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The Nine Rails Art District in Ogden is the city’s first neighborhood haven for purveyors of art.

Ogden city is building a creative mecca for artists

For the last seven years, the city of Ogden has been working on a plan to transform the areas between 24th and 26th street into a haven where artists and creatives can connect and make a living while engaging with the greater community. Known as the “Nine Rails Creative District,” this small neighborhood in Ogden is rebranding the city as we know it. 

“For a long time, Ogden had kind of rebuilt itself as an outdoor recreation Mecca, and that’s something that really supported the revitalization of Ogden and attracted a lot of people to Ogden,” explains Sara Meess, division manager of Ogden City Business Development. “But for other people, it may be more important to have a vibrant arts and culture scene they can be involved with. Making sure that our community is well rounded in that way can help attract people to live and work in our community, and to help people want to stay in our community.”

In addition to making the community more vibrant, one of the primary goals of the Nine Rails project is to make it possible for Ogden artists and creatives to build a successful career without leaving the community.

“When we have students who are graduating from Weber State with art degrees or degrees in a creative field, we’d love for them to be able to stay in Ogden and build their careers or build their business and not feel like they need to go somewhere else to have those opportunities,” says Meess. 

And so far, it’s been working. Since the adoption of the Nine Rails Creative District master plan in 2018, a dilapidated hotel has been transformed into the innovative Dumke Arts plaza, the city has funded numerous public art projects, and there are many more initiatives still to be completed. 

Ogden Contemporary Arts (OCA), a city-sponsored organization located in the Nine Rails Creative District was heavily involved in bringing the Dumke Art Plaza to life by raising the $1 million in funding needed to make it happen. The latest completed project in the Nine Rails District, the Dumke Plaza provides a space for showcasing and enjoying art. 

OCA’s executive director, Venessa Castagnoli, was interviewed on the Nine Rails Arts Podcast on why their development was important to the Ogden arts community. “In every industry, it’s about who you know and who you surround yourself with. You can be a really great artist, but if you just sit in your basement and you don’t go out, and you don’t go see shows and start up conversations with other artists and curators, no one is ever going to see your work.”

And this is exactly why the art district in Ogden was created in the first place—to expose more people to local artists and artisans, and to allow those artists to find work doing what they love with a community of like-minded individuals. 

“It’s been pretty amazing to see how tight-knit our community of artists and makers is,” says Meess. “I think a lot of that has happened organically thanks to the efforts of the artists and creatives we have working here in Ogden. They do an incredible job of supporting each other and lifting each other up.”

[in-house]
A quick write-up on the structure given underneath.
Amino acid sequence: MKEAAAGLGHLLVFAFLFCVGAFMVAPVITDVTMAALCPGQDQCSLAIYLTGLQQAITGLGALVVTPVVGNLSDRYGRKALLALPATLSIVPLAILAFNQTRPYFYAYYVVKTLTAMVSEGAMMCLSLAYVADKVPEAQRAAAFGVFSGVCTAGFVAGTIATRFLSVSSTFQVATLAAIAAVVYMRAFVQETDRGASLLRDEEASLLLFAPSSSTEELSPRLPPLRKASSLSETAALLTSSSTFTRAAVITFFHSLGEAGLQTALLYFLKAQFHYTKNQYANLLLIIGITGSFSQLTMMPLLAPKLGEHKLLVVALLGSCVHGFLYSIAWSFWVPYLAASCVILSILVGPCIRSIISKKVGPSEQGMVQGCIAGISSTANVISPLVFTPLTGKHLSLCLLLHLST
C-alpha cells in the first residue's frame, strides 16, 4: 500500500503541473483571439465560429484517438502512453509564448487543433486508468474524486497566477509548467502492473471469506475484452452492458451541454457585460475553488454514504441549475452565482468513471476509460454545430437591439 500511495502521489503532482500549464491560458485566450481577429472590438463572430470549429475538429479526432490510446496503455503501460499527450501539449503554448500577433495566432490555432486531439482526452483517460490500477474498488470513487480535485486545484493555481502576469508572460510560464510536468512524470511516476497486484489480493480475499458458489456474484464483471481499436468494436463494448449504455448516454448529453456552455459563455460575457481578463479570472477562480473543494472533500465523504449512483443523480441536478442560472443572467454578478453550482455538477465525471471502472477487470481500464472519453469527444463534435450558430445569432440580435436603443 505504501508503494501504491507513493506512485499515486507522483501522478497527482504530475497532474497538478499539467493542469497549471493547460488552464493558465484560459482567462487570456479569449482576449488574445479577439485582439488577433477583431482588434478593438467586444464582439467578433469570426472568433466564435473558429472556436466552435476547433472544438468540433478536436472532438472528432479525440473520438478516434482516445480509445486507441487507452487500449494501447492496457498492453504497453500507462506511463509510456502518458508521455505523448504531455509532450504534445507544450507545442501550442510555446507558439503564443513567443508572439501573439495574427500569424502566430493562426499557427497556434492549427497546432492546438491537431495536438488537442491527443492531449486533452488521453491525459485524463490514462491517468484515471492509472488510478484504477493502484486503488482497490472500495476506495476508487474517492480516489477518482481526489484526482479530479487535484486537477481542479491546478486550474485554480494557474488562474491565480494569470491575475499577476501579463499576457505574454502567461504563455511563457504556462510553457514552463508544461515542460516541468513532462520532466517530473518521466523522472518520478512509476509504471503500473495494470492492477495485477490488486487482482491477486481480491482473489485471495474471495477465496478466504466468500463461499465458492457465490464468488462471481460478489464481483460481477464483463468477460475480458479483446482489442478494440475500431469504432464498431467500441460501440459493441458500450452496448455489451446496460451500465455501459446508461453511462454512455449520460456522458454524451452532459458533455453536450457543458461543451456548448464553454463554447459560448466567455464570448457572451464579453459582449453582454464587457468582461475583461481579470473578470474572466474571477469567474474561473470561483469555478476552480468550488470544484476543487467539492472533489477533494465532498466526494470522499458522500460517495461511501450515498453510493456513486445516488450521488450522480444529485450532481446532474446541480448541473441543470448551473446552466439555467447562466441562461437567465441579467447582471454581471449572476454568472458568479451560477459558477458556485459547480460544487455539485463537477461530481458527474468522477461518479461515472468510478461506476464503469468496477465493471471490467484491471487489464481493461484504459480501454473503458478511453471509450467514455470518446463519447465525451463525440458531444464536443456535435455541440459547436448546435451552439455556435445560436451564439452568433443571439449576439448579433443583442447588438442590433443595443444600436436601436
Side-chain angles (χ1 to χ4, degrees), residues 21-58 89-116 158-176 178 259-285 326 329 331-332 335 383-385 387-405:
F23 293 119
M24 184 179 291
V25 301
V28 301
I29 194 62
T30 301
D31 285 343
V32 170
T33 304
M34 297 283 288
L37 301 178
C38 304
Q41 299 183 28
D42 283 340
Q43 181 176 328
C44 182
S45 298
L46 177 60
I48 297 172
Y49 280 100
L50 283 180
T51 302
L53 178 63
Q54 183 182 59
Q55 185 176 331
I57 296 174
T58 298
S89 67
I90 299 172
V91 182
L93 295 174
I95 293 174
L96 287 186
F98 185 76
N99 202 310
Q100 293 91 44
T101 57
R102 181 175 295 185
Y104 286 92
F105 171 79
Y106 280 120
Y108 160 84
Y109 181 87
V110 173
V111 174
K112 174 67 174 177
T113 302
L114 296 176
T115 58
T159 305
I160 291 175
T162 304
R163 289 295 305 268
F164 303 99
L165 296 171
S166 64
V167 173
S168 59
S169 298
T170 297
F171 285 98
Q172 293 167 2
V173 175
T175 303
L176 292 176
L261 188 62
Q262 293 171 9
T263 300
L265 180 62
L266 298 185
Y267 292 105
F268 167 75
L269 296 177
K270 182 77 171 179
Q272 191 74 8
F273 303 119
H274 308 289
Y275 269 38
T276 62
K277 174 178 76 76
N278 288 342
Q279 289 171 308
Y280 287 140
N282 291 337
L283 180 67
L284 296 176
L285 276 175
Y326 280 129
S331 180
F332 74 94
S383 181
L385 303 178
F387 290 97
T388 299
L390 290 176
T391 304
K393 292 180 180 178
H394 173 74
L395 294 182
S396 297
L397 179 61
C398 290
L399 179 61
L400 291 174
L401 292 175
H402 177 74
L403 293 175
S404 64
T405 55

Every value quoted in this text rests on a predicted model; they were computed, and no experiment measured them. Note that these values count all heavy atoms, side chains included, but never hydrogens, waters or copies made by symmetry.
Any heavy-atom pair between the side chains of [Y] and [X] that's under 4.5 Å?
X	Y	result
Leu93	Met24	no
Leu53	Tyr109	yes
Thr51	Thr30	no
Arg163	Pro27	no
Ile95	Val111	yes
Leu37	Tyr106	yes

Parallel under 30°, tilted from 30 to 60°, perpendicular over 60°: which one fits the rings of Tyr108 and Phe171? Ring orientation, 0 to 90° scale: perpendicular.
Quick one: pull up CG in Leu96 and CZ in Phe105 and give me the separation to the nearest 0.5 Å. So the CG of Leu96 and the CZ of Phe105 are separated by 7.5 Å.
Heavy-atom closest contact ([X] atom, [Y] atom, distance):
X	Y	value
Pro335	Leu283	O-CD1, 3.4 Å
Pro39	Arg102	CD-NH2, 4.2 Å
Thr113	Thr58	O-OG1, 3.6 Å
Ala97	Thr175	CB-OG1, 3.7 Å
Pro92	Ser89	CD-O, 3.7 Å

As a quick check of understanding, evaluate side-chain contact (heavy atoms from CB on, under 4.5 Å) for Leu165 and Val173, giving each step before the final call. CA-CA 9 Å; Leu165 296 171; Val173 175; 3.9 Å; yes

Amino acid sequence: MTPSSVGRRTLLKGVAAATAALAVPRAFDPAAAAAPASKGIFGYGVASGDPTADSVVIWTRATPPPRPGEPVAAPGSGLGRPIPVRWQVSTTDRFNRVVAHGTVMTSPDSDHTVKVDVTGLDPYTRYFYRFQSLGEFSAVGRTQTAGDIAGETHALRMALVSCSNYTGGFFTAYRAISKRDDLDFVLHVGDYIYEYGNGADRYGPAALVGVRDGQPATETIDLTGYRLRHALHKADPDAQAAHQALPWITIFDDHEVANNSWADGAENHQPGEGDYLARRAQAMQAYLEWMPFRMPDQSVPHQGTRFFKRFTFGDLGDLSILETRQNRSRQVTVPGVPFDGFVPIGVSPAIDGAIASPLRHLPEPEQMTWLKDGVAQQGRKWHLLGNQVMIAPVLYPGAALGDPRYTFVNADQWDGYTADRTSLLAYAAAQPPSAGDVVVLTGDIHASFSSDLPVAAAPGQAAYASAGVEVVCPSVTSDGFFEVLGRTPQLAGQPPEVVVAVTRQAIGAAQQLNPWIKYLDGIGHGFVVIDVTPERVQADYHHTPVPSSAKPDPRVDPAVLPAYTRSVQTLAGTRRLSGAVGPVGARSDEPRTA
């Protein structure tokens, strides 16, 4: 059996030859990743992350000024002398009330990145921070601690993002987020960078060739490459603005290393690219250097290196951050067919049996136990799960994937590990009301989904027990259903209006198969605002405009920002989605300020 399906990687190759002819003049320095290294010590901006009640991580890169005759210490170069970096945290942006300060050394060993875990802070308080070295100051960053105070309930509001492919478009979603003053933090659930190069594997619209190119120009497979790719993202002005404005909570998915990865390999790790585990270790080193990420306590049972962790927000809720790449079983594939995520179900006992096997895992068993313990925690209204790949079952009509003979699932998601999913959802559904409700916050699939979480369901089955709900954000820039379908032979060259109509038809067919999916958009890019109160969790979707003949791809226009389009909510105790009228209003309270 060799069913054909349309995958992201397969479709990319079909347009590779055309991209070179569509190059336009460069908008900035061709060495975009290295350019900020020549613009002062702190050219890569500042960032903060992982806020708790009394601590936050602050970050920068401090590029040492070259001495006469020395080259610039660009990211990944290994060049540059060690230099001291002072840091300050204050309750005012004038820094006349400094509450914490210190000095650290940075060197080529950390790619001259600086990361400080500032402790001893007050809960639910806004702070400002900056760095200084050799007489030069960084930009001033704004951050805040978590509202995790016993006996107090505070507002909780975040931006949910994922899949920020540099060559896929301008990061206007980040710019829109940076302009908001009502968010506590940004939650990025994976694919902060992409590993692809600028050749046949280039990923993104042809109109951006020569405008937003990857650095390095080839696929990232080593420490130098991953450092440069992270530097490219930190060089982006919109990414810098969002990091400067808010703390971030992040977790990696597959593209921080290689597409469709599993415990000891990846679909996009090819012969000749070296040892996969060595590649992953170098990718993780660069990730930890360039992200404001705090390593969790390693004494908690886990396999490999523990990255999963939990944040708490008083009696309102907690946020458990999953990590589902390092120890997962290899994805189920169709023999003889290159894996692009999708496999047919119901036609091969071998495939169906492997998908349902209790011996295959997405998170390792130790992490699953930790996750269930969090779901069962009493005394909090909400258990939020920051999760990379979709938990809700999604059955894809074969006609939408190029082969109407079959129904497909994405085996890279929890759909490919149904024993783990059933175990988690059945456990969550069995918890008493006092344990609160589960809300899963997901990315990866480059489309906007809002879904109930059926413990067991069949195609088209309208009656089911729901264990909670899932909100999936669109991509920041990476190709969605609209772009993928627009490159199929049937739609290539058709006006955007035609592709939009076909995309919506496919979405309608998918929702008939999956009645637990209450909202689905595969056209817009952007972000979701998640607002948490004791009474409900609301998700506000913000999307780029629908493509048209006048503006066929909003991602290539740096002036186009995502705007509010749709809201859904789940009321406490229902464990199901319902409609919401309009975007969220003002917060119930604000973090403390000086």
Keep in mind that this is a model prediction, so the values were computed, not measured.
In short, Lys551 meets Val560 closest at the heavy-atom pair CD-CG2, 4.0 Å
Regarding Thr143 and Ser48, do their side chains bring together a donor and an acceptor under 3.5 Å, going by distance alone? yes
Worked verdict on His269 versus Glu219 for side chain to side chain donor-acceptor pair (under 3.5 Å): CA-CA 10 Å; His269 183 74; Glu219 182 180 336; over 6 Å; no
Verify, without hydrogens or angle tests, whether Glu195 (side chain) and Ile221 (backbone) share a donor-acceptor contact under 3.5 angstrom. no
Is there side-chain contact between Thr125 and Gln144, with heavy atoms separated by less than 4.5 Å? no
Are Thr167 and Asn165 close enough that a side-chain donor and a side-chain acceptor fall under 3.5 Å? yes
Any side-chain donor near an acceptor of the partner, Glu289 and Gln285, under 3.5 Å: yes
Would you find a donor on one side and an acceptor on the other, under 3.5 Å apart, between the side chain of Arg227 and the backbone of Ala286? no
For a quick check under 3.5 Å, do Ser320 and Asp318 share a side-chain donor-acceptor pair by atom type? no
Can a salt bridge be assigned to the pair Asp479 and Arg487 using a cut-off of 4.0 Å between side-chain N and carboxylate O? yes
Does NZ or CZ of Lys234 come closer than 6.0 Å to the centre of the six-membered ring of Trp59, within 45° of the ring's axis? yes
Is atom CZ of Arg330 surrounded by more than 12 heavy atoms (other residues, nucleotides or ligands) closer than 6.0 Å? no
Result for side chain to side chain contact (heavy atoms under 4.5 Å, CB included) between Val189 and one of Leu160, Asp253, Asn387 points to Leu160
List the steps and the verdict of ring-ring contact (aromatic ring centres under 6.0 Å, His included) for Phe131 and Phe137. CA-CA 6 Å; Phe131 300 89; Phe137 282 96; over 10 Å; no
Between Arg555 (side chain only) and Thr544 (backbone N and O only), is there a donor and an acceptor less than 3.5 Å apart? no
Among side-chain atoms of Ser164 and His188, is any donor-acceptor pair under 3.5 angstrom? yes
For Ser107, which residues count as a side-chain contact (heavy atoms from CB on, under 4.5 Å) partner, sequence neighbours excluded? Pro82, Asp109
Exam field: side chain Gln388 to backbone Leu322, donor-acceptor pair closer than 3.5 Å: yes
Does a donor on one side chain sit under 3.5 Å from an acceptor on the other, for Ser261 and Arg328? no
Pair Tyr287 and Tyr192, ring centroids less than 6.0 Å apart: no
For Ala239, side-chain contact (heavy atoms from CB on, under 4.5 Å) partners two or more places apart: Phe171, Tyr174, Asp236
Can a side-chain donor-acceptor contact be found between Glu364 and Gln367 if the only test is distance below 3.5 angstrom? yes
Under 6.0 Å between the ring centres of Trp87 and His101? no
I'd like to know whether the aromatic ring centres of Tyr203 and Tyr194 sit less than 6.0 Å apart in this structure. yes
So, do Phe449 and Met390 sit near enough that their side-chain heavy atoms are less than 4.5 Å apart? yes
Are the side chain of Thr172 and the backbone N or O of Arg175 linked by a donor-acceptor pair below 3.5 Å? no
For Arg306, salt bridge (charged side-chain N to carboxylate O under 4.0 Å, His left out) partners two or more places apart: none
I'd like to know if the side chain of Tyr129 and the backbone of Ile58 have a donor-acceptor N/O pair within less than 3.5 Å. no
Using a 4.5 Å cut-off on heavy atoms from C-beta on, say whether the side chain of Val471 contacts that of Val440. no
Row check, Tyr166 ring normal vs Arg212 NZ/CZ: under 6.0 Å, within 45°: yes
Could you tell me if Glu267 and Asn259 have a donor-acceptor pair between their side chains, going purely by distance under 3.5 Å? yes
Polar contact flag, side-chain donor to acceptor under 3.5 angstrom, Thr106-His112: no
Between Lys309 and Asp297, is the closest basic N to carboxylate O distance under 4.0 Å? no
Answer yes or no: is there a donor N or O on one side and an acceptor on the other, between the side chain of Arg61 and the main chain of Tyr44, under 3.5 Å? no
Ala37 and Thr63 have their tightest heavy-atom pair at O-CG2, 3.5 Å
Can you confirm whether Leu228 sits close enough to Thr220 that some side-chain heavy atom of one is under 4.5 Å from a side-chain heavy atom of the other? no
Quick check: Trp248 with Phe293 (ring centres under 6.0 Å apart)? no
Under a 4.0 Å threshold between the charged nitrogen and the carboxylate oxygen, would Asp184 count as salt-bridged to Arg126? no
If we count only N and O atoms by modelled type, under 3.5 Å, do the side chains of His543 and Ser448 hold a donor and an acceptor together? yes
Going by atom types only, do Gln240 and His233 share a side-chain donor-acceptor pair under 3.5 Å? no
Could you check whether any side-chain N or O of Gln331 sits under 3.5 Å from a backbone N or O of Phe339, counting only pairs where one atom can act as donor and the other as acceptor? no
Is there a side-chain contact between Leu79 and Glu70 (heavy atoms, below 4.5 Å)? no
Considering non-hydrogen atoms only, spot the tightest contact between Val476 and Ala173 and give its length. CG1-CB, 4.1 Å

That tight-knit artistic community is exactly why Meess thinks the project has been so successful. Meess believes that despite the city initiatives that have gone into building the District, the real energy behind the growth comes from the local artists. 

“What’s going on in Nine Rails has been driven by people that are investing in building new art spaces in the community or are hosting community-wide events or are creating new opportunities for artists to showcase and sell their work,” Meess says. “So a huge part of it is what the artists themselves and art service stations here in Ogden are doing to build up that arts and culture scene.”

In addition to the networking opportunities that exist in a neighborhood full of artists, Ogden city has financial support available for entrepreneurial artists looking to contribute their creativity to the community. 

“We have art grants that can help artists take on projects or provide support to their organizations,” says Meess. “We also have business loan programs that we can make available to really any business, including those that are creative businesses.”

And while the creation of the arts district in Ogden is helping artists make a living, it’s meant to benefit the entire community, not just artists. The city hopes the art scene will be a popular feature for community members, making it easier to attract and keep smart people in the area. 

According to Meess, “For businesses that may be in a completely different industry, their efforts to attract and retain talent really benefit from being located near communities that have vibrant art and culture scene that can help inform where people want to live.”

 “We want to find new ways our community could engage with art. Instead of having to go to a museum or a gallery to experience art, you could encounter it as you go about your day-to-day life.”

And fortunately, there are dozens more projects for those living in the development to look forward to, says Meess.  

“We’d love to have this be a place that people come and visit when they come to Ogden,” Meess says, “We want them to see what the Creative District has to offer, and we want to make sure that artists and other creatives have the resources that they need to flourish and be successful here.”

Comments (1)

  • Suzy Bunch

    How do I get my husband involved in this?
    He does pottery and we live in North Ogden.

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